Hopefully! AB needs a turnaround, and fast!
Mehdorn already proved that his concept of mindless cost-cutting didn't work at Deutsche Bahn and AB looked to be just about the next fiasco under his reign.
We need AB for the exact reason you stated: LH needs a sizable competitor, or we'll all be at LH's mercy again, just like in the not-so-good old days of LH enjoying a quasi-monopoly in German-speaking Europe.
I fly them whenever I can. Even when LH/LX/Germanwings are a few Euros cheaper.
Programs: LH HON, AF Plat, BA Gold, SPG Plat, HHo Gold
Not sure ...
We really should approach this fact based...
1) Of course it would be a good idea to maintain AB in place to safeguard some kind of competition for LH on German domestic routes. But even on those, like on the international short haul routes in Europe, competitors are standing clear to step in, in case of an AB failure. As a matter of fact, I think it's fair to say that LH (when they had abundant cash 3 years ago) didn't kill Air Berlin with a domestic price war (which would have been easy and cheap, given the Air Berlin's cash stripped situation) in order to keep EZY from entering the German market in a significant way. In a way, AB has helped to keep real LCC away from LH's home turf and AB shareholders have paid bitterly for that ... funny, no? Also in a way, AB hasn't actually brought more but less (real) competition to the German market.
2) It is true, Mehdorn has a reputation of being a cost-cutter, but is he? Or has he just been making a lot of noise about it. I didn't check his trackrecord at Deutsche Bahn oder Heidelberger, but neither company is now a champion of anything, really. I think it would be worthwhile to do a C/ASK comparison of AB now vs. 2 years ago and we would find that unit cost have actually gone up. Even when eliminating the non-YQ-compensated fuel effect, this is probably true (needs to be checked). What is true anyway, is that AB is nowhere even close to FR or U2 in terms of unit cost, so not a LCC by anyl applicable standard. If anything, Mehdorn has been too hesitant (and probably more curious than professional) in adapting AB's cost base to the level at which it needs to be to address short and medium haul competition (which is called LCC in Europe). Probably, the Etihad flirt (while necessary to keep the company afloat, after the German, Russian and Turkish money had been burnt) has done more bad than good in this context, with their tendency to overspec their own product, no real profit made ever, and a CEO with 1 full and 2 almost airline bankcruptcies to his account.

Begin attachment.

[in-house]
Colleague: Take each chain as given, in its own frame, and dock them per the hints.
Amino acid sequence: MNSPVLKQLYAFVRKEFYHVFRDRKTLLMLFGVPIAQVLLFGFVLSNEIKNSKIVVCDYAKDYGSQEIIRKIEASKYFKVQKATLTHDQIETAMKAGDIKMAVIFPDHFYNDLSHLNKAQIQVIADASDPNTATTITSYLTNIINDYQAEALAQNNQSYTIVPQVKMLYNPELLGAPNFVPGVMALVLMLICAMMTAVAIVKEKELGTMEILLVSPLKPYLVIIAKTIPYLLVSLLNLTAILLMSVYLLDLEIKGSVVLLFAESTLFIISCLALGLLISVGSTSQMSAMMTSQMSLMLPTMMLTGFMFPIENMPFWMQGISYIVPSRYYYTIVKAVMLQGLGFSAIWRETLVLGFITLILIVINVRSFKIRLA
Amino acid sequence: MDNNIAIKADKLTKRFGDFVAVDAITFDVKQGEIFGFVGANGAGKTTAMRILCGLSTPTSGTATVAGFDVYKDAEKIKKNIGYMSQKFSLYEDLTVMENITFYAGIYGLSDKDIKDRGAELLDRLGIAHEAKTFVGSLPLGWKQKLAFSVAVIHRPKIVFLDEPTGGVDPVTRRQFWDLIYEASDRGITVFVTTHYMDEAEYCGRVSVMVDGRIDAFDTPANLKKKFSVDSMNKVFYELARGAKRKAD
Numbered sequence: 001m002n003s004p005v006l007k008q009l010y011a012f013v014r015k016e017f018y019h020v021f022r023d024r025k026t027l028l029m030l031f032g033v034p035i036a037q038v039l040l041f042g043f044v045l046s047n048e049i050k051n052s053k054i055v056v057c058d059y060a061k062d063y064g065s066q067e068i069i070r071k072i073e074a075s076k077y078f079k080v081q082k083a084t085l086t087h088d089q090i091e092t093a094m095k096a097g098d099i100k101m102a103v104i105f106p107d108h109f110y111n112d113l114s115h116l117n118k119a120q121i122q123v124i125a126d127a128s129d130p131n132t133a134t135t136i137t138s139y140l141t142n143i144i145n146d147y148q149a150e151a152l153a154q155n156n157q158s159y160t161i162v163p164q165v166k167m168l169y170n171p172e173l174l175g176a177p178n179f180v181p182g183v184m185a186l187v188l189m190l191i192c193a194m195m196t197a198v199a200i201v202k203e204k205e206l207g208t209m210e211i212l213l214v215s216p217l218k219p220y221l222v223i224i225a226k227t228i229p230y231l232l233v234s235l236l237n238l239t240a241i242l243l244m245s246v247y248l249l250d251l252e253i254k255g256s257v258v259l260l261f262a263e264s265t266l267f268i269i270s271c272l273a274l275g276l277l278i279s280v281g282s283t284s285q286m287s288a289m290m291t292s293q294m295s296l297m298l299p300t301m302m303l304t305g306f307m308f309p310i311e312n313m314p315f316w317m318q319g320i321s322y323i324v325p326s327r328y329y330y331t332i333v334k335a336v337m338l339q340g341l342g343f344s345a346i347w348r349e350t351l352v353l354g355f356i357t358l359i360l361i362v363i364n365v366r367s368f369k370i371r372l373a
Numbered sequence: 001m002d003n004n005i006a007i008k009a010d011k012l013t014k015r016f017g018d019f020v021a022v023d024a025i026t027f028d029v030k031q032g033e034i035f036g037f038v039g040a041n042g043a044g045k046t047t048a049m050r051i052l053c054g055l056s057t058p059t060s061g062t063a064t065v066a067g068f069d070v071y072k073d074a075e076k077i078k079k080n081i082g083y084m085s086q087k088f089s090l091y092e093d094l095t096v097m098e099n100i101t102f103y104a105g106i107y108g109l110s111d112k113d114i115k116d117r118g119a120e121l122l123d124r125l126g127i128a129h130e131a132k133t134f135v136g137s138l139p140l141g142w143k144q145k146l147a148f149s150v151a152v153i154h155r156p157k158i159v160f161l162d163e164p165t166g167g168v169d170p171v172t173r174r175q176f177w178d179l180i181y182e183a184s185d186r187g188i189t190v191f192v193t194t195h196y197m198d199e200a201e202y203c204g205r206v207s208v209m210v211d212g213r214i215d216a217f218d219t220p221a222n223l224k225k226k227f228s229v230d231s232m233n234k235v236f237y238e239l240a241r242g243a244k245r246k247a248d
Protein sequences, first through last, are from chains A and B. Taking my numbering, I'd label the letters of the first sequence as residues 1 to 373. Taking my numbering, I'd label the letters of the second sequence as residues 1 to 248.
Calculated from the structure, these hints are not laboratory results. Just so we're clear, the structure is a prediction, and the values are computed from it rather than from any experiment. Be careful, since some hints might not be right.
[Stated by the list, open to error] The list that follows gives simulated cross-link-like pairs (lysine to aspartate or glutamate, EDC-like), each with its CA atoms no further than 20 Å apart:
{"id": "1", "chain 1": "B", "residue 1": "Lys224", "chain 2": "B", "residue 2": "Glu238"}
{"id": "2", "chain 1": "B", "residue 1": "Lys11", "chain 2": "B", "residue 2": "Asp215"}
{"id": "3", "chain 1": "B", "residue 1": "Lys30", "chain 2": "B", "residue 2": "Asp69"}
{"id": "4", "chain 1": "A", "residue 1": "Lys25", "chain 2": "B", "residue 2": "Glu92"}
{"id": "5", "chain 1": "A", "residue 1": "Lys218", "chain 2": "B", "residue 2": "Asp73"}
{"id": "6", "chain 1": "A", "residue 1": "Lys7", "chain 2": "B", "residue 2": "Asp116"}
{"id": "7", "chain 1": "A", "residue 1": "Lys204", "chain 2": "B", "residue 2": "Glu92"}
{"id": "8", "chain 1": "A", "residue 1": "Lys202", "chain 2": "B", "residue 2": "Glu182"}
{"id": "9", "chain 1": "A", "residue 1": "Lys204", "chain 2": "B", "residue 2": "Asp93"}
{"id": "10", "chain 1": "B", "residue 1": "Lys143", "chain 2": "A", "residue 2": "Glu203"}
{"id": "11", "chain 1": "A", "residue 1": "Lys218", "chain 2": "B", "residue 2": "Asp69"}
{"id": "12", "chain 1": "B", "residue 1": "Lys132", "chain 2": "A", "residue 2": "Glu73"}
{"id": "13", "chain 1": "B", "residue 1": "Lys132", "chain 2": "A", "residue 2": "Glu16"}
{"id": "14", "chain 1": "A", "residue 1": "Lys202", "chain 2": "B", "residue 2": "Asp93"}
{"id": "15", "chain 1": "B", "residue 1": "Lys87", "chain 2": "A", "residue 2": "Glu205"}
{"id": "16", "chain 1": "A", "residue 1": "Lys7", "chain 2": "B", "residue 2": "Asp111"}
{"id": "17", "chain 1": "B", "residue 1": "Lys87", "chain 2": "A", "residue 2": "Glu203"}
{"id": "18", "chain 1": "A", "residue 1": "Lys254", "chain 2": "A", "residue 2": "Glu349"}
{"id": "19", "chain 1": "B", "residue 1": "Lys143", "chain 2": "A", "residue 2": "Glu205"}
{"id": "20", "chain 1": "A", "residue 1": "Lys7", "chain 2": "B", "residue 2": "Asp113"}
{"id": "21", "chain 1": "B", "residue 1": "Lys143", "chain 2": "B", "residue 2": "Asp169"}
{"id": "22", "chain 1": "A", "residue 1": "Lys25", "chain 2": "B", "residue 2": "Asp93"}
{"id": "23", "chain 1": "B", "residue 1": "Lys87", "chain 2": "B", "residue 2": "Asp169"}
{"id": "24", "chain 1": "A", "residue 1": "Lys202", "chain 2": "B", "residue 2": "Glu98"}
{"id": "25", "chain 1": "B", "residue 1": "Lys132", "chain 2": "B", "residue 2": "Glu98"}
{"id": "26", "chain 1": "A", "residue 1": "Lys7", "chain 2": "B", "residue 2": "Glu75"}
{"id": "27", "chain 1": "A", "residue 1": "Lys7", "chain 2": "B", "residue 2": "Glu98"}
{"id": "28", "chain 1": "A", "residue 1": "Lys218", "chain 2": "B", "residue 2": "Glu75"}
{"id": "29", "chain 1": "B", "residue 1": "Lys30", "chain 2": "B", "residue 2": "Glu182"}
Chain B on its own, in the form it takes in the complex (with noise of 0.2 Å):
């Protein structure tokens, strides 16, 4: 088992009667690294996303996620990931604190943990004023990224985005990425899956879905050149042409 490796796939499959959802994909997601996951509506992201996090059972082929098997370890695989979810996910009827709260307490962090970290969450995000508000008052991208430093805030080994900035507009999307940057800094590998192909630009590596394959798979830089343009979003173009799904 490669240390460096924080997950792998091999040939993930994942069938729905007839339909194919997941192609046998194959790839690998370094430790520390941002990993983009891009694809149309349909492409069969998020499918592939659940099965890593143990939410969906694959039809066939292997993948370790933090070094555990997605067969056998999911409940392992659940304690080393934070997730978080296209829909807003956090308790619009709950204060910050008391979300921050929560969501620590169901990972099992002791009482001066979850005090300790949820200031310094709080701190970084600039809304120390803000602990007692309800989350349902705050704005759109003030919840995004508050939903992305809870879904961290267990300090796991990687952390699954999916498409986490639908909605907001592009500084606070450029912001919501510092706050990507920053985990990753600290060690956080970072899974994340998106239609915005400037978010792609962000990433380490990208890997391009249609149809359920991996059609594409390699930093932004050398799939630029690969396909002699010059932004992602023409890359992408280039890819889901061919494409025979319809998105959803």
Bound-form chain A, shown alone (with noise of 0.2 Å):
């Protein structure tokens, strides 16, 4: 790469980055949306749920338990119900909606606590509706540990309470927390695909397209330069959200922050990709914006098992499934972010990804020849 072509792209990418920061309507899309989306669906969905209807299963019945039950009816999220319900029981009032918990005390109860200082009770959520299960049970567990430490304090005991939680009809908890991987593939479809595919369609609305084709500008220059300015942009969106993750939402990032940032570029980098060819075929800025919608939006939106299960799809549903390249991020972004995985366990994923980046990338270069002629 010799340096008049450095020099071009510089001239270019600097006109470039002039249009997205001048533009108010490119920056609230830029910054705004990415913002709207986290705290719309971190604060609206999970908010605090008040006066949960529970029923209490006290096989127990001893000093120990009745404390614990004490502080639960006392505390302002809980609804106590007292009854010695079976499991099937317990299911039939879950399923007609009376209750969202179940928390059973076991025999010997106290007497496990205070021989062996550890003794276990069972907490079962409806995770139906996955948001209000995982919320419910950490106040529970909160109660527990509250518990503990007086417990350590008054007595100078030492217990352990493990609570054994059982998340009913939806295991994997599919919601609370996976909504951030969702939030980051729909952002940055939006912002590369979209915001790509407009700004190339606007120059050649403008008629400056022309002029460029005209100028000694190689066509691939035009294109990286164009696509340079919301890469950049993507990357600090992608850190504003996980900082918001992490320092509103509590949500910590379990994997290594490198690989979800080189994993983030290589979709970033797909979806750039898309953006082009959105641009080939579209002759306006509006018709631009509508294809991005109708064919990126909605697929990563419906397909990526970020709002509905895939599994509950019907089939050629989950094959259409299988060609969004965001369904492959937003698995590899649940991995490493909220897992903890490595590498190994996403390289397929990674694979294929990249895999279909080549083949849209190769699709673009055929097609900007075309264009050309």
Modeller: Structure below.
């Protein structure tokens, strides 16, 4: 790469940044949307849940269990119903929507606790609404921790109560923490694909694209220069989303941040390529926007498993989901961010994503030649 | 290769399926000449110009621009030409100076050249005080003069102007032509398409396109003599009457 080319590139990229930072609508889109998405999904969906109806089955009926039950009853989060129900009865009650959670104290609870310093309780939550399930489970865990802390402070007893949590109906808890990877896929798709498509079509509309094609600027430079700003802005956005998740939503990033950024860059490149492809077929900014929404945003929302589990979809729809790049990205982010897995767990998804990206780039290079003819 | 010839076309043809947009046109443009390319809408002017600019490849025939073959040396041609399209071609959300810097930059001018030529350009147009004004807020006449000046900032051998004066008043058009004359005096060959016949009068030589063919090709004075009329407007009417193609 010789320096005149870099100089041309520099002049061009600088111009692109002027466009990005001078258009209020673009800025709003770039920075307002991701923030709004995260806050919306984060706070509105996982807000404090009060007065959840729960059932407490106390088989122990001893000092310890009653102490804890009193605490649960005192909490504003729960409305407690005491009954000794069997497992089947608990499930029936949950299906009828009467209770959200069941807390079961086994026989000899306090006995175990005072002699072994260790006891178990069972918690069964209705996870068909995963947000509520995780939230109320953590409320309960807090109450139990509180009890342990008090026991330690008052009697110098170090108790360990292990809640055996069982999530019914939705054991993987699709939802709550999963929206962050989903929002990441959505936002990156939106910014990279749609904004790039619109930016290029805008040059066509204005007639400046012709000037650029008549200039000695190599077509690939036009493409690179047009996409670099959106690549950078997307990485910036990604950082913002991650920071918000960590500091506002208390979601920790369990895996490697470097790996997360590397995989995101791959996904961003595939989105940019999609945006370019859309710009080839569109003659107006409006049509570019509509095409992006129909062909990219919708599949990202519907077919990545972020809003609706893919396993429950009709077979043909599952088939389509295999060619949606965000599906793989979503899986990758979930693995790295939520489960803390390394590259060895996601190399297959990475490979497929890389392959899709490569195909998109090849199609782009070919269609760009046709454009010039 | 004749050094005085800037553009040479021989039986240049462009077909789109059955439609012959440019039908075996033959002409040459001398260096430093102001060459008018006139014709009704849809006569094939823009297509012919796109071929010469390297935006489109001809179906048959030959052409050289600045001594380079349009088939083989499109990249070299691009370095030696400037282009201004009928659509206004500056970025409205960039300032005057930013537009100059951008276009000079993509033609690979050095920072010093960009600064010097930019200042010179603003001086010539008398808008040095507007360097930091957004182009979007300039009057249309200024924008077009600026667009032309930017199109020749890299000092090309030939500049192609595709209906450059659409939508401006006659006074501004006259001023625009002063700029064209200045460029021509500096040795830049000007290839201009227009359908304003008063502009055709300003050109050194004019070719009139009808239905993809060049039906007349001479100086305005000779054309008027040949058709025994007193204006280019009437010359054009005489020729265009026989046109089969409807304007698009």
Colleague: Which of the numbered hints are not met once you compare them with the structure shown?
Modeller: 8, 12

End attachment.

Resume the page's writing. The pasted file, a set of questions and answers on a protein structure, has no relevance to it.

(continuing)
3) So what are we going to see now? Mr Prock-Schauer has 3 airline economic disasters to his account already: Austrian (well, LH keeps them flying with money, now -- but the outrageous cost base and the failed Eastern European strategy clearly stem from P-S' era), Jet Airways (which admittedly was a difficult job, but where he impoverished IPO-investors in a very similar fashion as Achim Hunold has done with his) and bmi (which he admittedly wasn't at the base of, but did nothing to get them where they needed to be in their UK home market).
I sincerely hope that Prock-Schauer has learnt from his failings and understood that regional aviation markets are headed towards LCC (ultimately in the Middle East as well), and that he now needs to do, what Mehdorn announced, but never got around even starting: which is a serious, painful and impactful restructuring: bring the network and fleet to a size appropriate for AB's markets (we are probably talking 80-90 A/C instead of 130-140, which stay struggle to achieve already); stop the bleeding (i.e. close down) in some of Achim's toys (Niki, Domestic Spain, ...); bring unit costs to a level in line with Easyjet (which, of course, means staff reduction, significant overhaul of ground handling, maintenance and airport contracts, ...); fix the traditional AB charter business (50% of revenues!), which has deteriorated so much over the last years (and nobody in the management to know what to do).
After all that, was anybody still dreaming of lie-flat seats and 1990's style code sharing anti-trust immunity à la James Hogan?